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Breakfast Diet for Gastritis

by
author image Diane Marks
Diane Marks started her writing career in 2010 and has been in health care administration for more than 30 years. She holds a registered nurse license from Citizens General Hospital School of Nursing, a Bachelor of Arts in health care education from California University of Pennsylvania and a Master of Science in health administration from the University of Pittsburgh.
Breakfast Diet for Gastritis
A bowl of yogurt topped with granola and bananas. Photo Credit HandmadePictures/iStock/Getty Images

Eating during gastritis can be challenging. Any time your stomach is inflamed or swollen, you may loose your appetite, become full easily and vomit after eating. Eating foods for breakfast that are easy on your stomach and will help promote regular bowel movements may help your condition. Before changing your diet, talk with your doctor. Not all forms of gastritis require a change in diet. A common complication of gastritis is dehydration, which can be prevented by increasing your liquid intake.

Foods to Avoid

Avoid all breakfast foods that are high in fat or grease, such as bacon, sausage, or other breakfast meats. Dairy products should be avoided, such as cheese, milk in your cereal or creamer in coffee. Avoid foods that are high in sugar, such as jelly, syrup or honey. Avoid beverages that contain caffeine, such as tea, coffee or energy drinks. Eating these foods can cause greater irritation to the lining of your stomach, causing your symptoms to become worse. Do not eat overeat or eat foods in large quantities. Eat your breakfast in small but frequent portions.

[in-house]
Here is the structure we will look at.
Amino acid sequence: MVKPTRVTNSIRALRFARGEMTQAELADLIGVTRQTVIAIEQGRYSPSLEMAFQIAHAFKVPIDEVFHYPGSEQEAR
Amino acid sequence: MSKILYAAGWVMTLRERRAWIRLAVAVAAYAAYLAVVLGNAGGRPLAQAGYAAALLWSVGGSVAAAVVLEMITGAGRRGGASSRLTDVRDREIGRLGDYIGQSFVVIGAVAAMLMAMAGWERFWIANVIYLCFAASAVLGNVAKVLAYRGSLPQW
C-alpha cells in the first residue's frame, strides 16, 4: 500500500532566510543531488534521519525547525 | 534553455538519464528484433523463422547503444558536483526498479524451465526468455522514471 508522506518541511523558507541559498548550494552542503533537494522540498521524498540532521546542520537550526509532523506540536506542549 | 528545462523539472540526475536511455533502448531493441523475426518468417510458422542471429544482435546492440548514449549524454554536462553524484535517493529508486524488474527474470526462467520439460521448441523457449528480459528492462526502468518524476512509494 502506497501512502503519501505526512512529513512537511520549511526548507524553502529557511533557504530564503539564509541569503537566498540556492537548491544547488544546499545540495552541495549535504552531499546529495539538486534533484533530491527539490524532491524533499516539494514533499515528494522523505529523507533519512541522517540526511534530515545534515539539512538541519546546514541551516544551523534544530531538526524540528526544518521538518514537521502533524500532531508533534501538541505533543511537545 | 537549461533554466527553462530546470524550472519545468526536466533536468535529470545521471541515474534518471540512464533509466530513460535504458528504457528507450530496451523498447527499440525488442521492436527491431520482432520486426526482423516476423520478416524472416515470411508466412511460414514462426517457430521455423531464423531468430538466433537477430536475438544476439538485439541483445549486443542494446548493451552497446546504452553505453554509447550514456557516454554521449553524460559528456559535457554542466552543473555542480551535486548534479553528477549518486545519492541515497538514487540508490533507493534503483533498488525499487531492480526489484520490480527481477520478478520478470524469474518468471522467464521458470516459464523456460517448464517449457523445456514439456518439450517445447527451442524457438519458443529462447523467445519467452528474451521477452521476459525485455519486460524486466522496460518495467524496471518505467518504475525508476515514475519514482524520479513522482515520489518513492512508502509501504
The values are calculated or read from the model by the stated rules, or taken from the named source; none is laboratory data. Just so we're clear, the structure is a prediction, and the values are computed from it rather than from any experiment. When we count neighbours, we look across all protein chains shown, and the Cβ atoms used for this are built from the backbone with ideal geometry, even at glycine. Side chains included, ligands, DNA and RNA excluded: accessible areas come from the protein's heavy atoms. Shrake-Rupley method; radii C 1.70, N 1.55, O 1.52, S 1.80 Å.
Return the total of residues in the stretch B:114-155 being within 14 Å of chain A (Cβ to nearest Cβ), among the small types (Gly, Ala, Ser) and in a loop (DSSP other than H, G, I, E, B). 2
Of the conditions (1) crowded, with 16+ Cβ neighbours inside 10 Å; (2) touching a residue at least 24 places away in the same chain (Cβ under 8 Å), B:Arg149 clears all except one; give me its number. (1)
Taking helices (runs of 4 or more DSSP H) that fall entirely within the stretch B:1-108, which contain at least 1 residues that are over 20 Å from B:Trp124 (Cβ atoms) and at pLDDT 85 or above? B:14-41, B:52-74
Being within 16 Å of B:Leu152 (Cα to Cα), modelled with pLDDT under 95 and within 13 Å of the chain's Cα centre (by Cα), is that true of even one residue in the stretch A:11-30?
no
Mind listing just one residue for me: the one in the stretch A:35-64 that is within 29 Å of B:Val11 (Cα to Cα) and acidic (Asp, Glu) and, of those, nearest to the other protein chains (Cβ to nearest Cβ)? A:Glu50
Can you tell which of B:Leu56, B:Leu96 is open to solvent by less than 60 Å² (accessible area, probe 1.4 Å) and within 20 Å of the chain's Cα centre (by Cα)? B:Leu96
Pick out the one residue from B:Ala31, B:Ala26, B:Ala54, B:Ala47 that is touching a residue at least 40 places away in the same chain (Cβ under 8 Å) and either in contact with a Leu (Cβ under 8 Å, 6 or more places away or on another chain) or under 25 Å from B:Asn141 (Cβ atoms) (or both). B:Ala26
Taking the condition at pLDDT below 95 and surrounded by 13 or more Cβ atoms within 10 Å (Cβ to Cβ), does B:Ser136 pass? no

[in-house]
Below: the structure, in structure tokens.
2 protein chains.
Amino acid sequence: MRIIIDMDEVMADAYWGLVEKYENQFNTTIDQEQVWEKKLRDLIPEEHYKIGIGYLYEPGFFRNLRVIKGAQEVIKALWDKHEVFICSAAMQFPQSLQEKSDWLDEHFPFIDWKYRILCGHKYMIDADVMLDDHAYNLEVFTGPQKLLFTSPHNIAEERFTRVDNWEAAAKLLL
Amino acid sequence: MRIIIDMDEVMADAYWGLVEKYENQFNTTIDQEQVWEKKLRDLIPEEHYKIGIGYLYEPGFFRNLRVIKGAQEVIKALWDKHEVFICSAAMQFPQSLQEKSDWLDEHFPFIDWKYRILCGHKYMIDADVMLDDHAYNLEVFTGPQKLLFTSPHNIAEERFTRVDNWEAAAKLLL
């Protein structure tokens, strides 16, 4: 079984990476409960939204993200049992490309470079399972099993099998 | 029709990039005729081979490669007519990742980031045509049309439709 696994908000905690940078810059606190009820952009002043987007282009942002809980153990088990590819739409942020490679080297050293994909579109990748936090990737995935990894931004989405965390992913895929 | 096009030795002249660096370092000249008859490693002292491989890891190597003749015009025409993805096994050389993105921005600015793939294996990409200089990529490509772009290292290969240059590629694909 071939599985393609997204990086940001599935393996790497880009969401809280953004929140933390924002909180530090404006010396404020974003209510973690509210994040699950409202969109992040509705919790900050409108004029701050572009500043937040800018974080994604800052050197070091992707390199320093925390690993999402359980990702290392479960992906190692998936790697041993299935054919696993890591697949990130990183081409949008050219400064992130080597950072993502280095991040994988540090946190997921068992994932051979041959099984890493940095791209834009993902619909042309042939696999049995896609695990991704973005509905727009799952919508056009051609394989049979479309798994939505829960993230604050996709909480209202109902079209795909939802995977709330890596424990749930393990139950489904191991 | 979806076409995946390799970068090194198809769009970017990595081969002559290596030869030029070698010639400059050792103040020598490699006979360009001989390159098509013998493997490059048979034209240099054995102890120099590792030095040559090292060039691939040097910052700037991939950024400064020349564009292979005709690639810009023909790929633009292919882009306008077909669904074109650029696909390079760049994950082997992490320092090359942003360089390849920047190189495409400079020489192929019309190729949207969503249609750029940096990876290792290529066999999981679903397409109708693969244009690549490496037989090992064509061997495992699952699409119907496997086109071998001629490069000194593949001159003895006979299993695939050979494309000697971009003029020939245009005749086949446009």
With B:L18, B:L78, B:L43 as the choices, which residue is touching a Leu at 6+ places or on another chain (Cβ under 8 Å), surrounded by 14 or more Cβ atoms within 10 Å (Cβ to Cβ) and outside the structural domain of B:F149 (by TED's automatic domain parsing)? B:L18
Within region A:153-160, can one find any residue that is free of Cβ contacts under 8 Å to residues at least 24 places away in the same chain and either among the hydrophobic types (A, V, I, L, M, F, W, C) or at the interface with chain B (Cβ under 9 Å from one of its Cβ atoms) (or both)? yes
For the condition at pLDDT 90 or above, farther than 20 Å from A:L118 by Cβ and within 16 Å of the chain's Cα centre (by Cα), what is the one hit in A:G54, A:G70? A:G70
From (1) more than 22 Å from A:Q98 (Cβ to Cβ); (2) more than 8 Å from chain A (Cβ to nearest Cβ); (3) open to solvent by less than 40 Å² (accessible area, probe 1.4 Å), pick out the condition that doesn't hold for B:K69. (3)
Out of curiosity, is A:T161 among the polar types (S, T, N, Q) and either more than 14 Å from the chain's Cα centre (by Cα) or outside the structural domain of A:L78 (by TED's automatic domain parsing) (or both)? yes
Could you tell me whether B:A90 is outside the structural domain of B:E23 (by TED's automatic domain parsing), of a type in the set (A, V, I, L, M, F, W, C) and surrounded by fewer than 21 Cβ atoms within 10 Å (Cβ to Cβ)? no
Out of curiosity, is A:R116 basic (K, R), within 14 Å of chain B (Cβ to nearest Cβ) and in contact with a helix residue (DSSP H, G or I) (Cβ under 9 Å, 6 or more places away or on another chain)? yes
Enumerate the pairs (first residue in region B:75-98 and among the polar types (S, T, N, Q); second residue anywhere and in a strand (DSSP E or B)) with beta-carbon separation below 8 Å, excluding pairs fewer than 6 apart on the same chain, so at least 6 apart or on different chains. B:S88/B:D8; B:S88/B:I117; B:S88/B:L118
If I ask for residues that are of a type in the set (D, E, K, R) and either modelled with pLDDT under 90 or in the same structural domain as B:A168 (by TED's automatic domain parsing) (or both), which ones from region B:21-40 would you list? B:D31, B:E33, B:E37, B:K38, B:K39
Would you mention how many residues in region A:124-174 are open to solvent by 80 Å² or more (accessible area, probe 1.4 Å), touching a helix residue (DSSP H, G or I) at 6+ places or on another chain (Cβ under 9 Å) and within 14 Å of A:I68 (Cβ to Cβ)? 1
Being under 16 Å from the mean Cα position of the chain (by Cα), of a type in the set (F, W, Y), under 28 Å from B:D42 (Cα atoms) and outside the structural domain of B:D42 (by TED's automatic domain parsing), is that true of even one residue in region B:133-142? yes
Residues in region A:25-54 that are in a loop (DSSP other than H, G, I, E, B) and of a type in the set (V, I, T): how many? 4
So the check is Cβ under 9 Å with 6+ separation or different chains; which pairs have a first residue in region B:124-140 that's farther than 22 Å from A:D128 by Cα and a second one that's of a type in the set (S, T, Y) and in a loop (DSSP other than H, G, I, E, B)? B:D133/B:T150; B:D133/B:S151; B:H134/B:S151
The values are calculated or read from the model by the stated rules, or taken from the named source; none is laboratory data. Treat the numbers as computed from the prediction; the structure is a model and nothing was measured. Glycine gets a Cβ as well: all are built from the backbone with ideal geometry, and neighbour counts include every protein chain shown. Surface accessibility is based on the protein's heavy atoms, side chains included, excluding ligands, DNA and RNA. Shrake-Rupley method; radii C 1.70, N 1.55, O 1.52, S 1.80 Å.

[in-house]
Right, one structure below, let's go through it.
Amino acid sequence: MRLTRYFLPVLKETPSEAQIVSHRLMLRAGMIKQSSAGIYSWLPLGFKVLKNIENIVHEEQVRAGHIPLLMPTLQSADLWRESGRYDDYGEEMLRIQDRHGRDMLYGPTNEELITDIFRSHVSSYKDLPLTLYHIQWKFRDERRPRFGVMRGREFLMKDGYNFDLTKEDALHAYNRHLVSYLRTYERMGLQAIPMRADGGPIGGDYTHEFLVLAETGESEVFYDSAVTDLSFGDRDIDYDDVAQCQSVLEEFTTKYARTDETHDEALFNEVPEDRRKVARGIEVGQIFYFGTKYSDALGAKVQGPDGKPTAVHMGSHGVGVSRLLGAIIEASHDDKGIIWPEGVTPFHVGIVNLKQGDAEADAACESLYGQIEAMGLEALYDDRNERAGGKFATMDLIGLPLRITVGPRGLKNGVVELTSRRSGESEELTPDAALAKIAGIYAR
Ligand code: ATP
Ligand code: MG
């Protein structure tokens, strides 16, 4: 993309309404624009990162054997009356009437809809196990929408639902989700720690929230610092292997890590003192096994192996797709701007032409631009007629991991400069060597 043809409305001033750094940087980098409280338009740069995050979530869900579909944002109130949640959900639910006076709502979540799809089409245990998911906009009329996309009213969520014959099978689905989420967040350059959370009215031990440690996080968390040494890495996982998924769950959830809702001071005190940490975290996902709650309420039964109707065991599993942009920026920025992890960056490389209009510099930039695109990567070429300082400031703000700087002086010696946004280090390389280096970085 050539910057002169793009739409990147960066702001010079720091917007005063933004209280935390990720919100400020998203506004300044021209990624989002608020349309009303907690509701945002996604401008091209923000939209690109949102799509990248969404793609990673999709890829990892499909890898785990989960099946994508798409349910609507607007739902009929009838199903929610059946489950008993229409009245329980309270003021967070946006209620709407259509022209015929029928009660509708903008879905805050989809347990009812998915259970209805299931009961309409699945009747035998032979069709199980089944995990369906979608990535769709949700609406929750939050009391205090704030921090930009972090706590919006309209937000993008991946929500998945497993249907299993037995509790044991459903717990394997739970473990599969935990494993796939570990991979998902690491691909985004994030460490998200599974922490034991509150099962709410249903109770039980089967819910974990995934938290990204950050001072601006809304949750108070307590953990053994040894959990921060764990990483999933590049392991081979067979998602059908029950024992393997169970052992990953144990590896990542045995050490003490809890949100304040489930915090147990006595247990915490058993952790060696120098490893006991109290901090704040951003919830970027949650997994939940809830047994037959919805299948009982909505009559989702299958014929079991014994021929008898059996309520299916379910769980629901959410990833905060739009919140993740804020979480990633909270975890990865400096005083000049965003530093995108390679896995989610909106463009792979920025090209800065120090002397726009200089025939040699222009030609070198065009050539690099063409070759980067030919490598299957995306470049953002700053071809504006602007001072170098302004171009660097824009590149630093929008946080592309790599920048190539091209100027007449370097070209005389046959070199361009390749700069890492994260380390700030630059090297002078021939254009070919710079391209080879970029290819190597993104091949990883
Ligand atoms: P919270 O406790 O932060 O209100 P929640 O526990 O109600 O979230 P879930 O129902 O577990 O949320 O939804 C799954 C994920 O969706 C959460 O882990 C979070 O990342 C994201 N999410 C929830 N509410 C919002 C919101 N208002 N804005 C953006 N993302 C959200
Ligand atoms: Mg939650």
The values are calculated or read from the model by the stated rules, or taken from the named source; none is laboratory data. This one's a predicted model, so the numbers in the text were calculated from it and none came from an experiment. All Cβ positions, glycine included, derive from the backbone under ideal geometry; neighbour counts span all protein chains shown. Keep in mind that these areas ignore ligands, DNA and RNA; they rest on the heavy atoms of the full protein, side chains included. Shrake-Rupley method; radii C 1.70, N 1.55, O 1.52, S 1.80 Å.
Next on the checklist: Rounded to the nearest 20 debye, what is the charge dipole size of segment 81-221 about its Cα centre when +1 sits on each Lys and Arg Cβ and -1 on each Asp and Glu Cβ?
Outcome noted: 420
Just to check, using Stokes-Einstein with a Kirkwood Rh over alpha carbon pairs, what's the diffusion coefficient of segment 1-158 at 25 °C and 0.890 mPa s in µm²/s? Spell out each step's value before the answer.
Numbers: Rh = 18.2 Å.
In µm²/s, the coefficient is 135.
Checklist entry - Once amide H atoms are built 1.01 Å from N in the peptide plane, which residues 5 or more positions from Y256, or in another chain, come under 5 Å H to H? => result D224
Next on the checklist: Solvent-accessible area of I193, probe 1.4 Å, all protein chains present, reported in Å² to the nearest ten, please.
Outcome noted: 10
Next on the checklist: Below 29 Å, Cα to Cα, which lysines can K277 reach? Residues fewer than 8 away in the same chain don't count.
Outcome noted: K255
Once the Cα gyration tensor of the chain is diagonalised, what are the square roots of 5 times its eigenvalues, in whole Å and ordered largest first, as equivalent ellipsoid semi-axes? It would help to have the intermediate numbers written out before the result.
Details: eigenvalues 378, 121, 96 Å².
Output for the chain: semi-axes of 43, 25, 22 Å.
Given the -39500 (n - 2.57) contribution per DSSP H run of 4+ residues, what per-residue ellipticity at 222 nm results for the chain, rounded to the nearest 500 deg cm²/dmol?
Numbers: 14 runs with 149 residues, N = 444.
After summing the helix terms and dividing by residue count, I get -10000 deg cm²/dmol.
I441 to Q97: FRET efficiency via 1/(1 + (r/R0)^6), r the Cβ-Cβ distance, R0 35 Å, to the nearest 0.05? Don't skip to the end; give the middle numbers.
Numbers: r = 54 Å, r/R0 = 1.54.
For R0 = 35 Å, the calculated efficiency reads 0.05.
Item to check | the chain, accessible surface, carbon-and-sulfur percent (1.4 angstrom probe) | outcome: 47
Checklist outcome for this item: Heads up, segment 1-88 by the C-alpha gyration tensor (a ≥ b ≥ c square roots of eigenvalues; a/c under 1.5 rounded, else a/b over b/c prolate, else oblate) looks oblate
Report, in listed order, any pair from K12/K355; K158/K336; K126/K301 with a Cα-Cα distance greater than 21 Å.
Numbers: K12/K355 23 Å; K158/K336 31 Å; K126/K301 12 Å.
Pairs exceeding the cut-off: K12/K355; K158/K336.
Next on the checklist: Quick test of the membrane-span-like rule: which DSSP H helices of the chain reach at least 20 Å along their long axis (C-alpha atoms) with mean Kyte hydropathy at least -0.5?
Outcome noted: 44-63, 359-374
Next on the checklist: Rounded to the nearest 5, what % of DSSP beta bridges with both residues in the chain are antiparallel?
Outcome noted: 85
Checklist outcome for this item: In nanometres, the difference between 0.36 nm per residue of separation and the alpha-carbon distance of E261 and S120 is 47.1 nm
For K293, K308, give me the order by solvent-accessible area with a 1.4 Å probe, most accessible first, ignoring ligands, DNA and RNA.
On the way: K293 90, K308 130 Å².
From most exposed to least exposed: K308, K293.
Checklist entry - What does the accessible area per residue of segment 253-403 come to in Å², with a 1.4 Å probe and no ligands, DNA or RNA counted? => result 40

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Foods to Eat

Eat foods that are easy to digest and will keep your regular. The BRAT diet is a recommended diet by FamilyDoctor.org. BRAT stands for "banana, rice, apple sauce and toast." Eat these foods while you have symptoms of gastritis. The rice and toast should be white so you avoid eating too much fiber. Do not add anything to these foods, such as condiments, spices or sweeteners. Include plain, low-fat yogurt in your diet to help heal your stomach and increase the amount of white blood cell production, according to AskDrSears.com. Yogurt contains live bacteria that promote digestive health.

Liquids

Increase the amount of liquid you drink with breakfast. Do not drink large amounts of liquid at one time because this could extend your stomach too fast, causing you to vomit. Drink frequently in small amounts. Avoid beverages that contain dairy or caffeine. Increase the amount of watery, herbal teas, fruit juices and broth. If you have a difficult time keeping liquids in your stomach, sip on teaspoons of fruit juice or suck on a fruit juice pop. Drink sports beverages that are infused with electrolytes to help prevent dehydration.

Consideration

If you develop vomiting for more than one day or diarrhea for more than three days, you need to call your doctor. Developing a fever may be a sign of a more serious problem or a secondary infection.

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References

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